Then, my main point in this: Wild Honey era. Brian was producing Redwood, The Boys were in need of a new album. There is that oft-told legend of several beach Boys going to the studio while Brian was cutting a track with Redwood, they pulled him aside, and when he came back he told Redwood he couldn't work on their album anymore because he had to do production work for The Beach Boys.


Again, the conundrum: If Brian isn't listed in 1967 for Wild Honey, even parts of it, then what exactly did the other Beach Boys need him to do for them in the studio that he wasn't doing for them while he was working with Redwood? They needed him in the studio to produce, the album being worked up at the time was Wild Honey, so why the inference that he wasn't involved as producer to the point where nothing from that album is listed here, for example?

He may have handed off the ball to Carl in some ways to get him involved in the process but he didn't walk off the playing field entirely.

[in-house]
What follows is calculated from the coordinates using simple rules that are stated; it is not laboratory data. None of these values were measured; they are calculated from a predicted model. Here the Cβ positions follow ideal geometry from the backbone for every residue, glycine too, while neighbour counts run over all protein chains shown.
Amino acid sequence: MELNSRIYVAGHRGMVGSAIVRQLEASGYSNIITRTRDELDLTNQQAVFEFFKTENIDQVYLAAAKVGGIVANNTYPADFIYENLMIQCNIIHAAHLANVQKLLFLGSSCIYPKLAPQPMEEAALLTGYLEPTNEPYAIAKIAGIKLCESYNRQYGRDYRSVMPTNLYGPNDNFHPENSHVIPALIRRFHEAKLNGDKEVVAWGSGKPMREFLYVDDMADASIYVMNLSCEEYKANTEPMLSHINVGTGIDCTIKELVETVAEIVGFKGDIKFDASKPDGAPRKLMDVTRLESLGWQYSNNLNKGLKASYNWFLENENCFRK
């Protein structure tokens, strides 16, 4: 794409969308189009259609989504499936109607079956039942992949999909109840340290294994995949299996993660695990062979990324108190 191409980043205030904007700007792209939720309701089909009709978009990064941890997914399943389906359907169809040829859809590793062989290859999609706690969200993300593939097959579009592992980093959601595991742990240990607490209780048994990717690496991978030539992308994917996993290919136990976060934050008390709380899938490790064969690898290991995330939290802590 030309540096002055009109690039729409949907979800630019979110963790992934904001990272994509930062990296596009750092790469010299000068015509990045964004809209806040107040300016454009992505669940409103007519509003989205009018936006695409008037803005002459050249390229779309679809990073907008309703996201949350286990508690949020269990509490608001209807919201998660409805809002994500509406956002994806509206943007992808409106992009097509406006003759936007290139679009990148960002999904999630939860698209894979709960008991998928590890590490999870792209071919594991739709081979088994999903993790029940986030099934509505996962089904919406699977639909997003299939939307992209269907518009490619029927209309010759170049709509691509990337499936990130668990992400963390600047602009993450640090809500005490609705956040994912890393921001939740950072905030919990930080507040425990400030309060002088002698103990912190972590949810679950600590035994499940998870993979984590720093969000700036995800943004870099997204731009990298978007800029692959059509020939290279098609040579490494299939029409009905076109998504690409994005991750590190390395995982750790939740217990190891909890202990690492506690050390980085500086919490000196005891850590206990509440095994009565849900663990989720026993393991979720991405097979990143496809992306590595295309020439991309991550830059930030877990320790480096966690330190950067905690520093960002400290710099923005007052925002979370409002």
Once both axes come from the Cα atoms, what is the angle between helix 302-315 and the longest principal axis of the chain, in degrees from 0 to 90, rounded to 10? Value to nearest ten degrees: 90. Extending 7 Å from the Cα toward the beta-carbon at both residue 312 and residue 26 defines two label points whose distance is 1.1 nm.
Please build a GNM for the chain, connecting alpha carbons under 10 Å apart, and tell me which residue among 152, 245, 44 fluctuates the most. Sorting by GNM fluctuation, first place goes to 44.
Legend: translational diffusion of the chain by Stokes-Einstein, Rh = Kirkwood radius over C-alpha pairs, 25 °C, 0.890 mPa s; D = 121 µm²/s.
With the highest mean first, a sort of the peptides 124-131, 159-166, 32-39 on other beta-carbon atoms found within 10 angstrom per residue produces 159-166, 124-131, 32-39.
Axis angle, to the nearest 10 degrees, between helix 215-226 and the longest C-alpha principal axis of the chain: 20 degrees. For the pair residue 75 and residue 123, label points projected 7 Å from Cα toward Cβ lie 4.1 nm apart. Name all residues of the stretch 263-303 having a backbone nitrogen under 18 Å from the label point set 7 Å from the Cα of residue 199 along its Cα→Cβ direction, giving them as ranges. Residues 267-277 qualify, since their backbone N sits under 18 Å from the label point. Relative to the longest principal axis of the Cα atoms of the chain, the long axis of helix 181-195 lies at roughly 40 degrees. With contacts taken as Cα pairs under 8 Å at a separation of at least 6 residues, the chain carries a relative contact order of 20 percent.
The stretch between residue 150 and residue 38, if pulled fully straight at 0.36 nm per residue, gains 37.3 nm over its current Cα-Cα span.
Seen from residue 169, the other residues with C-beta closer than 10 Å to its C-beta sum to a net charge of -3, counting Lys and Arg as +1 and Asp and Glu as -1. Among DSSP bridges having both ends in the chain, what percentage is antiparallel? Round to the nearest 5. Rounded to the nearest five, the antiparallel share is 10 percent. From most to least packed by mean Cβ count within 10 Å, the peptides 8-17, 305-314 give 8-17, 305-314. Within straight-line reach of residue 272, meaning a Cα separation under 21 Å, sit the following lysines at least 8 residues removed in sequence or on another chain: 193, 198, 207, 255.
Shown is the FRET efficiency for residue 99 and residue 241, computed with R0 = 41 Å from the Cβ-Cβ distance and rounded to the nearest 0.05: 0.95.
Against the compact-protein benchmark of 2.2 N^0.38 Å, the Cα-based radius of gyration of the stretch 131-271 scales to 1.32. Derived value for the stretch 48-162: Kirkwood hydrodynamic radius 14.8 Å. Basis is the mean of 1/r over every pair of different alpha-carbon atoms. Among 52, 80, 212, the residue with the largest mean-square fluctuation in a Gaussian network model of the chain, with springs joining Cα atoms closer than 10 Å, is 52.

I think the terminology itself and the credits especially in 1967 are misleading just a bit, but that's my own take only.
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« Reply #28 on: October 28, 2014, 11:06:16 AM »

There is that oft-told legend of several beach Boys going to the studio while Brian was cutting a track with Redwood, they pulled him aside, and when he came back he told Redwood he couldn't work on their album anymore because he had to do production work for The Beach Boys.

Oft-told... and generally regarded as apocryphal.
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« Reply #29 on: October 28, 2014, 11:17:22 AM »


I think the terminology itself and the credits especially in 1967 are misleading just a bit, but that's my own take only.